Maca is a hearty root vegetable plant which grows in the high Andean plateaus of Peru at altitudes as high as 14,500 feet above sea level. Little is known about the origins of MACA, but the plant is believed to have been cultivated in the Junin Plateau region of the Central Highlands in an area called Cerro de Pasco as far back as 2,000 years ago. The Inca's of Peru were sophisticated builders and cultivators of the land and may have been responsible for the cultivation of MACA which have been found in archaeological sites. Many legends exist about the nourishing powers of MACA, such as it's ability to promote sexual desire and increased energy. The only area where this particular species of MACA is found is a region of extreme weather conditions such as freezing, high winds, and intensive sunlight. No other food plant exists in the world which will grow at so high an altitude and survive. Maca Continued Here   Maca Composition

What Research Is Being Conducted on Fibromyalgia?

The NIAMS is sponsoring research that will increase understanding of the specific abnormalities that cause and accompany fibromyalgia with the hope of developing better ways to diagnose, treat, and prevent this disorder.

Recent NIAMS studies show that abnormally low levels of the hormone cortisol may be associated with fibromyalgia. At Brigham and Women's Hospital in Boston, Massachusetts, and at the University of Michigan Medical Center in Ann Arbor, researchers are studying regulation of the function of the adrenal gland (which makes cortisol) in fibromyalgia. People whose bodies make inadequate amounts of cortisol experience many of the same symptoms as people with fibromyalgia. It is hoped that these studies will increase understanding about fibromyalgia and may suggest new ways to treat the disorder.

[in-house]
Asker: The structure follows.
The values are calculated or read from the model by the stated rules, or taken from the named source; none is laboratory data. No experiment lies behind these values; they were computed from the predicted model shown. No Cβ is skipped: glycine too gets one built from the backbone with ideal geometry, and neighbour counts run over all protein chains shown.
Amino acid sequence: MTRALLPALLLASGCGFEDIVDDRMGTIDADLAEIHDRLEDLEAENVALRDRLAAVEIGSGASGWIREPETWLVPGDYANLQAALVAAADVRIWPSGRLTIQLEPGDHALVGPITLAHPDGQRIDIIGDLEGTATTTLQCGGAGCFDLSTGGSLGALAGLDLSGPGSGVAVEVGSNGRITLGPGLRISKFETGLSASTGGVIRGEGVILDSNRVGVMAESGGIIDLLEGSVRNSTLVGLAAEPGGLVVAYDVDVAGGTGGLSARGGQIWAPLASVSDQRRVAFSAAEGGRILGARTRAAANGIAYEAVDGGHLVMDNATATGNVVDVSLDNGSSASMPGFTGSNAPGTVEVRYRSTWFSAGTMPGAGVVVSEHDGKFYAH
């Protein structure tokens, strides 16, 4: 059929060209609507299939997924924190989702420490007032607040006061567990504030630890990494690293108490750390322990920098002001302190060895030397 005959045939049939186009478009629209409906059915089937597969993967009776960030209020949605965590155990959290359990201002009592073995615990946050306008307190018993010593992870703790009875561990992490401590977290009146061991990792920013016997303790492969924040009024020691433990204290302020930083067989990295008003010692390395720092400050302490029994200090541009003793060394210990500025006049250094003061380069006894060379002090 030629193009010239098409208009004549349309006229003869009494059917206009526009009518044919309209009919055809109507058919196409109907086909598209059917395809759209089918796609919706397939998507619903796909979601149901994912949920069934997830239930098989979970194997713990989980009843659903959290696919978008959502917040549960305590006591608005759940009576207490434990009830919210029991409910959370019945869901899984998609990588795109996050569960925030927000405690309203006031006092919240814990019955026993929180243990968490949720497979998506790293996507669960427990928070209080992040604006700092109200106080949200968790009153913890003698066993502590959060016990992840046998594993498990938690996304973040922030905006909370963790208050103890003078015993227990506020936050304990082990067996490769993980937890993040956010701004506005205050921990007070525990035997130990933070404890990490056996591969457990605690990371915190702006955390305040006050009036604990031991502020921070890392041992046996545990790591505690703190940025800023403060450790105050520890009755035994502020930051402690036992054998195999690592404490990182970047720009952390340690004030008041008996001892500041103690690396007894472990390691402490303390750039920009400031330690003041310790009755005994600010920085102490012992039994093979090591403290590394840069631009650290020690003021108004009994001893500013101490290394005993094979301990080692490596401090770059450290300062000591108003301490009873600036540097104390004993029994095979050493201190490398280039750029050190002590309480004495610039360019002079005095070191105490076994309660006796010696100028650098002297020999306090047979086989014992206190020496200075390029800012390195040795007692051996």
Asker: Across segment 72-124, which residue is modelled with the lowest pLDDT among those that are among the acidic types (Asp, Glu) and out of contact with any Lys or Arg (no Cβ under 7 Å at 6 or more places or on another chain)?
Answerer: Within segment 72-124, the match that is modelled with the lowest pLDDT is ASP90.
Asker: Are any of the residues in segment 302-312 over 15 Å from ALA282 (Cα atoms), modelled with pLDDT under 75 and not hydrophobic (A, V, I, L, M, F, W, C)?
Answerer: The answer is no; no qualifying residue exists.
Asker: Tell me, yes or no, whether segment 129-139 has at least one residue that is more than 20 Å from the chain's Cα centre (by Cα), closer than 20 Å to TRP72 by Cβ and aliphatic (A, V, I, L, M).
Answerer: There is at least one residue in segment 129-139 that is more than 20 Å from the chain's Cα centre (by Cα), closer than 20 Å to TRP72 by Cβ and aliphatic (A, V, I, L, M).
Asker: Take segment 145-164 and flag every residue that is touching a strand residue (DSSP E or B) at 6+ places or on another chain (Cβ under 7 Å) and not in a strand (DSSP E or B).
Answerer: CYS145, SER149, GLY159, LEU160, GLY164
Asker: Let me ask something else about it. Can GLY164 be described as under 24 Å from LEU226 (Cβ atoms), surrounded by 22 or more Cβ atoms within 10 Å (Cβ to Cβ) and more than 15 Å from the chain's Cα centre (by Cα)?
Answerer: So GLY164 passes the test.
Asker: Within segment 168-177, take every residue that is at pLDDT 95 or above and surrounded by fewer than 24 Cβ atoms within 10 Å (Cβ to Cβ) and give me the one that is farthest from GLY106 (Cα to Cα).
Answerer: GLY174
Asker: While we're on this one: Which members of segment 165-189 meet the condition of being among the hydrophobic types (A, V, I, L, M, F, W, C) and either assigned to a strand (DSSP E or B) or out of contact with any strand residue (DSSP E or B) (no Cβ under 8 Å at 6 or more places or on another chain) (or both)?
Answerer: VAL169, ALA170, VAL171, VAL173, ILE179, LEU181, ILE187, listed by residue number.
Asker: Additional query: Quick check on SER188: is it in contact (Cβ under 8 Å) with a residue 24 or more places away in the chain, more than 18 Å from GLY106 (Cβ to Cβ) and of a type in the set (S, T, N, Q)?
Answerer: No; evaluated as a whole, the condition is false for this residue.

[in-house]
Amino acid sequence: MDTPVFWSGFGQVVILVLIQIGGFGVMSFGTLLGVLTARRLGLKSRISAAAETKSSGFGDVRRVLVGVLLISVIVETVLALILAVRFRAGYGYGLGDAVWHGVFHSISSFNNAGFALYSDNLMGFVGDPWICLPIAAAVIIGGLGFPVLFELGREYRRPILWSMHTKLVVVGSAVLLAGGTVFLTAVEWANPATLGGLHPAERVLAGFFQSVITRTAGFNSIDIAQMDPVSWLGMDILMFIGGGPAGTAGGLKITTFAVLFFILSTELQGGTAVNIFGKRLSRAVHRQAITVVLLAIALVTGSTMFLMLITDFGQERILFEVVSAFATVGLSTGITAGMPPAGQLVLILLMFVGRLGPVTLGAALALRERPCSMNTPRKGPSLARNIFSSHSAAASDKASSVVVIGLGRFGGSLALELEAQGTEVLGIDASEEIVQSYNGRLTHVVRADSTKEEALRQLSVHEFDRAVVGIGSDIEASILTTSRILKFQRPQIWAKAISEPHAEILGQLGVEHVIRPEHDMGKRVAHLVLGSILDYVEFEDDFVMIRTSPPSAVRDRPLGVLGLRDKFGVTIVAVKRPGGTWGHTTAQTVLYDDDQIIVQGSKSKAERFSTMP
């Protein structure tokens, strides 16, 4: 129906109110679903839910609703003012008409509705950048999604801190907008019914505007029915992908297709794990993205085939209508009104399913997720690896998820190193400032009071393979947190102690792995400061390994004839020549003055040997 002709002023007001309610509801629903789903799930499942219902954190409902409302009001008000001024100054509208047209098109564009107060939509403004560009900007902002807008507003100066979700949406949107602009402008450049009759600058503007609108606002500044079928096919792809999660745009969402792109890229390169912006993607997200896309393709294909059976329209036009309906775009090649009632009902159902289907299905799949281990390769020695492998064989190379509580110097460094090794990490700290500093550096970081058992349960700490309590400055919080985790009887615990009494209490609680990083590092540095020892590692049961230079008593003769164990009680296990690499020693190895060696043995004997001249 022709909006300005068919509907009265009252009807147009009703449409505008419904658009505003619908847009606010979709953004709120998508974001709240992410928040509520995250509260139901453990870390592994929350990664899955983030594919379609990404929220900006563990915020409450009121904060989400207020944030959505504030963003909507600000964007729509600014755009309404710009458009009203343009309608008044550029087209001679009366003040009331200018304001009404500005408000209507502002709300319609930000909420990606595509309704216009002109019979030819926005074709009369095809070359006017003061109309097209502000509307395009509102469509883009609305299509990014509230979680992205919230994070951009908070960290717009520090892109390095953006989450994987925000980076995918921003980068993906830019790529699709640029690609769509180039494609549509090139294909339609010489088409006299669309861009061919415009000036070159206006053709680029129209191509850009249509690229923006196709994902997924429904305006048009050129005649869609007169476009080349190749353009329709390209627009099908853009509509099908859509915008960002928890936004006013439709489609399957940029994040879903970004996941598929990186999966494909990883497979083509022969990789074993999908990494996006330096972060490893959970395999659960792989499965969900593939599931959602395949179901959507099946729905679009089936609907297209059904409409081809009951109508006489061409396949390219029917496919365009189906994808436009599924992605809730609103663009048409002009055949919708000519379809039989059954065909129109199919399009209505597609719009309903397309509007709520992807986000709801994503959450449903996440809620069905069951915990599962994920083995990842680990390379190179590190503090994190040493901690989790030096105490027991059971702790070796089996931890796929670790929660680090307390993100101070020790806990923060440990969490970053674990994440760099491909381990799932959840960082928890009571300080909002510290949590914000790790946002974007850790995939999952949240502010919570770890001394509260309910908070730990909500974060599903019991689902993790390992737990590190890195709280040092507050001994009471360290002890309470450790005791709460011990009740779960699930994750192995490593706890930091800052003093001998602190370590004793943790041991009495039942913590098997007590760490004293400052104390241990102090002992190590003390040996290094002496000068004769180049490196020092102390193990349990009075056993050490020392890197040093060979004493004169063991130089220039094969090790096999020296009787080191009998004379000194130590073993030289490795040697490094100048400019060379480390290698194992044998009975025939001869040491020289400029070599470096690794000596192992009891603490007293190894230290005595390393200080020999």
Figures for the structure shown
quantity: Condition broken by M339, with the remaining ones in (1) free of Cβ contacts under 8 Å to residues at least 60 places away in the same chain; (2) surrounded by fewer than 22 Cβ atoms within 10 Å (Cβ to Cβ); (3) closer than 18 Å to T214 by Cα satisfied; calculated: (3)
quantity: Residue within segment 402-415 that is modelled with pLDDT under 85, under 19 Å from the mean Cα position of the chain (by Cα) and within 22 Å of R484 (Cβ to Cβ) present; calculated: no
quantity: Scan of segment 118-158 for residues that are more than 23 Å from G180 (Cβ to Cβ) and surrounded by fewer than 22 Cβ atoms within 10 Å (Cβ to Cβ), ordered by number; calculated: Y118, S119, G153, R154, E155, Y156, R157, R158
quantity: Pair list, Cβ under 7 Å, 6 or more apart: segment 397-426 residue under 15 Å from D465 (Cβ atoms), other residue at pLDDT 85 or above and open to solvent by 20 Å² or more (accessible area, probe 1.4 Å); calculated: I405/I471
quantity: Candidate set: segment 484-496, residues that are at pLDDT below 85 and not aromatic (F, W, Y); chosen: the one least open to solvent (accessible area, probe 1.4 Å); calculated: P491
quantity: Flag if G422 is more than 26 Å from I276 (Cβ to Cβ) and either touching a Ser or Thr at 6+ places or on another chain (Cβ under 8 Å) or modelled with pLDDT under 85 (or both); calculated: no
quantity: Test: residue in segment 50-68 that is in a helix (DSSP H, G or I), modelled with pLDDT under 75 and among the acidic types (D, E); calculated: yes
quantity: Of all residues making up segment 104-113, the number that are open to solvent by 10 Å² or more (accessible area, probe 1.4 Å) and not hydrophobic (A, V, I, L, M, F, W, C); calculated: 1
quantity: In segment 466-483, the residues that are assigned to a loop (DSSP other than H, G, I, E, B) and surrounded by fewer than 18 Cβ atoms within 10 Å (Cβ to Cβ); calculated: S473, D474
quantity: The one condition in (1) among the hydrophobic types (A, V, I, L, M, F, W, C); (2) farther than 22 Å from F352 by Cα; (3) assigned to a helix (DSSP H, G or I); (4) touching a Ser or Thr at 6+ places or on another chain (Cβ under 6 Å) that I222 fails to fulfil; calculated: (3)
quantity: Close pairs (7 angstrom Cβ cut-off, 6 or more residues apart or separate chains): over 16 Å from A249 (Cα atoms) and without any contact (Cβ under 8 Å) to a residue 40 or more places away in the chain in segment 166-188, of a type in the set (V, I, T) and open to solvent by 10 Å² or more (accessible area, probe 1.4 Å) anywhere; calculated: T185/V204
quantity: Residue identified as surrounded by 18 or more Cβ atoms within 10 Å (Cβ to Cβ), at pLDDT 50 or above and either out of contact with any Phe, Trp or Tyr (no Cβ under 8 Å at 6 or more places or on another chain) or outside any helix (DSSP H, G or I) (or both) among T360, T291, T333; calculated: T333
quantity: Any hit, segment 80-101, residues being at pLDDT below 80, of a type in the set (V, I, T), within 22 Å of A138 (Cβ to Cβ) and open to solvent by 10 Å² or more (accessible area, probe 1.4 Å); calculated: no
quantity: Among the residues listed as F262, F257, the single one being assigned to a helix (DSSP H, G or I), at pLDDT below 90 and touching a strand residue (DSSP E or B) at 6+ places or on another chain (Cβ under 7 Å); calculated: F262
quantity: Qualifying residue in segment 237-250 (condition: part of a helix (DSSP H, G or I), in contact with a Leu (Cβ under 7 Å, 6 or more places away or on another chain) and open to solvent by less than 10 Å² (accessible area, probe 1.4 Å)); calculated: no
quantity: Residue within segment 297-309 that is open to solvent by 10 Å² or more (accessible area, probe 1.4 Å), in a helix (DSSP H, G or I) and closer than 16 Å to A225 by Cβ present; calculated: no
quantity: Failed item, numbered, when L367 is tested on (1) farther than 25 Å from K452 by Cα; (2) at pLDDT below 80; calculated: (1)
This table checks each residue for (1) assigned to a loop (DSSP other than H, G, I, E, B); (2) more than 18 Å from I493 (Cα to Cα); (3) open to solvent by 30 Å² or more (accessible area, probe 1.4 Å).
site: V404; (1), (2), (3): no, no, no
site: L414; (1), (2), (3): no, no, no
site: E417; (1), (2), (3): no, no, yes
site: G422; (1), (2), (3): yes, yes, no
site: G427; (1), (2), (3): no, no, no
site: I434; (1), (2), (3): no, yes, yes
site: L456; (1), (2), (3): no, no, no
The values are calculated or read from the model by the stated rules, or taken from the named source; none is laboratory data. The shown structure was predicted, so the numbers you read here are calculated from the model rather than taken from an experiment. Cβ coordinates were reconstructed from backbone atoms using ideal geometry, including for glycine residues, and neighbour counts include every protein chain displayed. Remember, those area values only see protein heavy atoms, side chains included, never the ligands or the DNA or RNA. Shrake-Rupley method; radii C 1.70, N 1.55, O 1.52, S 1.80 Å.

NIAMS research studies are looking at different aspects of the disorder. At the University of Alabama in Birmingham, researchers are concentrating on how specific brain structures are involved in the painful symptoms of fibromyalgia. At George Washington University in Washington, DC, scientists are investigating the causes of a post-Lyme disease syndrome as a model for fibromyalgia. Some patients develop a fibromyalgia-like condition following Lyme disease, an infectious disorder associated with arthritis and other symptoms.

NIAMS-supported research on fibromyalgia also includes several projects at the Institute's Multipurpose Arthritis and Musculoskeletal Diseases Centers. Researchers at these centers are studying individuals who do not seek medical care, but who meet the criteria for fibromyalgia. (Potential subjects are located through advertisements in local newspapers asking for volunteers with widespread pain or aching.) Other studies at the Centers are attempting to uncover better ways to manage the pain associated with the disorder through behavioral interventions such as relaxation training.